0

I live in Los Angeles and have 2 units on my property. I use the front one as my office. I had the floors done years ago and thought I would get tile and have a subfloor of cement put in so that I would have a lot of thermal mass to keep it from getting hot. Sadly, I think it's worse than it was before. The main window that points south got changed too to Low E and it heats up early. Some light comes in from east facing windows but not much. The house has a garage underneath.

Here are next steps I am considering:

  • insulate the floor: there are beams in the garage, so if I filled them with bats then closed them, that would make a total area that would be VERY deep and should be very high R value
  • take other measures to prevent sun in the east-facing windows (like time-controlled electric shades)
  • start keeping the garage closed (though it's open now if you go in it even on a hot day it's not really hot as it has one foot thick walls on all sides and is built into a hill)
  • put in a solar-powered roof deck attic fan (should have done this a long time ago)

BTW, the roof is a composite and has solar panels on it which I thought would also lower heat buildup.

  • 1
    Heat rises, so if there is no insulation between the hot garage and your living area, that could certainly be contributing. Your current floors are likely absorbing heat from the garage and radiating it into the living space--which is likely the opposite of what you wanted. – DA01 Feb 18 '15 at 0:06
  • But @DAO1, the garage is not hot. – Rob Apr 24 '16 at 16:25
  • IIRC, it gets hot in LA. But I admit I don't hang out there a whole lot. :) – DA01 Apr 24 '16 at 18:02
2

Thermal mass does not block heat; it stores and releases heat, and it slows down the flow of heat. It will absorb heat when it is colder than the surrounding area, and it will release heat when it is warmer than the surrounding area. These characteristics are useful in the following circumstances:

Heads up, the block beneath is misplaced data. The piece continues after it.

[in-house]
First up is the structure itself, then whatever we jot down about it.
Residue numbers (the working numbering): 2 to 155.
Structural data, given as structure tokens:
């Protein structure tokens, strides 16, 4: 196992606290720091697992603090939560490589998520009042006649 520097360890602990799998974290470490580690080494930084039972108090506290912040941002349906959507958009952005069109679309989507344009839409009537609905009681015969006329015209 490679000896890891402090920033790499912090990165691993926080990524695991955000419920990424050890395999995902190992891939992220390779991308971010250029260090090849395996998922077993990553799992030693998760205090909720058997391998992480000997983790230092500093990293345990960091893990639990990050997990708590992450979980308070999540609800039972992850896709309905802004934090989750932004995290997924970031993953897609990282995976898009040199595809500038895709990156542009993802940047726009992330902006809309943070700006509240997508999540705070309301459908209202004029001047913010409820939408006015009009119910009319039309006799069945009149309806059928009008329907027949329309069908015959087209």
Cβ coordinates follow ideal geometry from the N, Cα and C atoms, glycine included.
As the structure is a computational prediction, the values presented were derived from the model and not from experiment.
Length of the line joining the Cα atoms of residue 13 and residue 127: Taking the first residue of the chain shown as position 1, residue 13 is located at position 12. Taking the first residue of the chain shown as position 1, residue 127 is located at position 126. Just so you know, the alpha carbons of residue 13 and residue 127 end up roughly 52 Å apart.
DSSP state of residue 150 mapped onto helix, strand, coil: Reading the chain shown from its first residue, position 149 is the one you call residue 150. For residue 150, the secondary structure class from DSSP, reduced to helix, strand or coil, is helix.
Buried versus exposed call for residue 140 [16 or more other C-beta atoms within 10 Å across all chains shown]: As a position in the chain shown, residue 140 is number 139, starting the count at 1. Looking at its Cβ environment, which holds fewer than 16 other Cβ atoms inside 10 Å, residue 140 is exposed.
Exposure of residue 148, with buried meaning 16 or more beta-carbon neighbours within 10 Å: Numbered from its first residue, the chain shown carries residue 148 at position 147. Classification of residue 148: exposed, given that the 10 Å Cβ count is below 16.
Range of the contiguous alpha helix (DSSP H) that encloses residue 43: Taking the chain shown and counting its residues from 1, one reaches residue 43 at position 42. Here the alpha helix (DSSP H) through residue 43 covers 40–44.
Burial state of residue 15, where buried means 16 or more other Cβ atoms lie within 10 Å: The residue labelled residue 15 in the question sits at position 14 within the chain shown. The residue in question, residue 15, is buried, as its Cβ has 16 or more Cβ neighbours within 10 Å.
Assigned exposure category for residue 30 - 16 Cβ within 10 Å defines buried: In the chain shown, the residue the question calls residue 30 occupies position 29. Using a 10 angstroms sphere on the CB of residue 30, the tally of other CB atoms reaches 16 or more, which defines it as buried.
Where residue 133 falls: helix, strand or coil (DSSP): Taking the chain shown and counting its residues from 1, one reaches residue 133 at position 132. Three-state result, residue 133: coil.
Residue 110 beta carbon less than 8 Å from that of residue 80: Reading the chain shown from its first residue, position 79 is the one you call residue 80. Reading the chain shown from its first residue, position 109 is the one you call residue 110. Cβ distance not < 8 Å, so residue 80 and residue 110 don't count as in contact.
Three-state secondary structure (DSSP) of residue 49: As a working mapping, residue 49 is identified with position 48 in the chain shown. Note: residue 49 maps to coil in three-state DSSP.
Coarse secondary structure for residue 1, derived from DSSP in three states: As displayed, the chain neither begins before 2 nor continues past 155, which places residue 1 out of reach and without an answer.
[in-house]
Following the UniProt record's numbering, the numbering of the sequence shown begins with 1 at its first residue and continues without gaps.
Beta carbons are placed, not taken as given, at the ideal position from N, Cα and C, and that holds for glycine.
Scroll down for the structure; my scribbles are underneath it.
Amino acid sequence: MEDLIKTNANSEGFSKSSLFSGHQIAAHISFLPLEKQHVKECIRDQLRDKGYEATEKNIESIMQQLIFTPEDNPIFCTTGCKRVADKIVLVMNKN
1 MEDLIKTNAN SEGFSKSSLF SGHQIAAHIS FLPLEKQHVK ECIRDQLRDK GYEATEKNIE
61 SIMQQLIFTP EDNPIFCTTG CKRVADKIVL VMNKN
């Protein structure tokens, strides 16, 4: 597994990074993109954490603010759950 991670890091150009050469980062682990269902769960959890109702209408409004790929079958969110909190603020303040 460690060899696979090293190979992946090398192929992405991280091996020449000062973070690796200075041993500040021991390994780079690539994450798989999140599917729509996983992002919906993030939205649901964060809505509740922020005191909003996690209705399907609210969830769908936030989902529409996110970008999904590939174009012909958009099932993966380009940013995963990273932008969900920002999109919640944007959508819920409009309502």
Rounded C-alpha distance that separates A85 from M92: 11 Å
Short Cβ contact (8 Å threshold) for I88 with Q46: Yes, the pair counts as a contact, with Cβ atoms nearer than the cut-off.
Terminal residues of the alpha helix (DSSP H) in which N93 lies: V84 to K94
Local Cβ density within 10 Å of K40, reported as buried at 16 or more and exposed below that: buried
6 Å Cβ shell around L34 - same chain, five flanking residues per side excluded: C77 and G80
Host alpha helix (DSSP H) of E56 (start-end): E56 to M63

1. A thermal mass wall in a climate/season where the outdoor temperatures cycle above and below the indoor comfort point. The heavy walls will slow down the flow of heat so much that by the time it reaches the interior, the outside temperature will have dropped, reversing the flow of heat out of the wall. In order for this to work, the wall must be very dense and very thick; 12" thick rammed earth or adobe, for example.

  2. A thermal mass element within a building's insulated envelope. Such a thing can be used to store free heat generated from sunlight, cooling, electricity usage, etc and store them until the sun goes down and everybody is asleep, whereupon it will release it, moderating the interior temperature and reducing its daily fluctuations, especially at night.

Insulating the underside of the floor is a great idea, as it will make your thermal mass floor fall into category 2.

Preventing the sun from hitting your walls or windows is likewise always a good idea; heat gain is driven almost entirely by direct solar gain.

Keeping the garage door closed may or may not help; try it and see.

Your Answer

By clicking “Post Your Answer”, you agree to our terms of service, privacy policy and cookie policy

Not the answer you're looking for? Browse other questions tagged or ask your own question.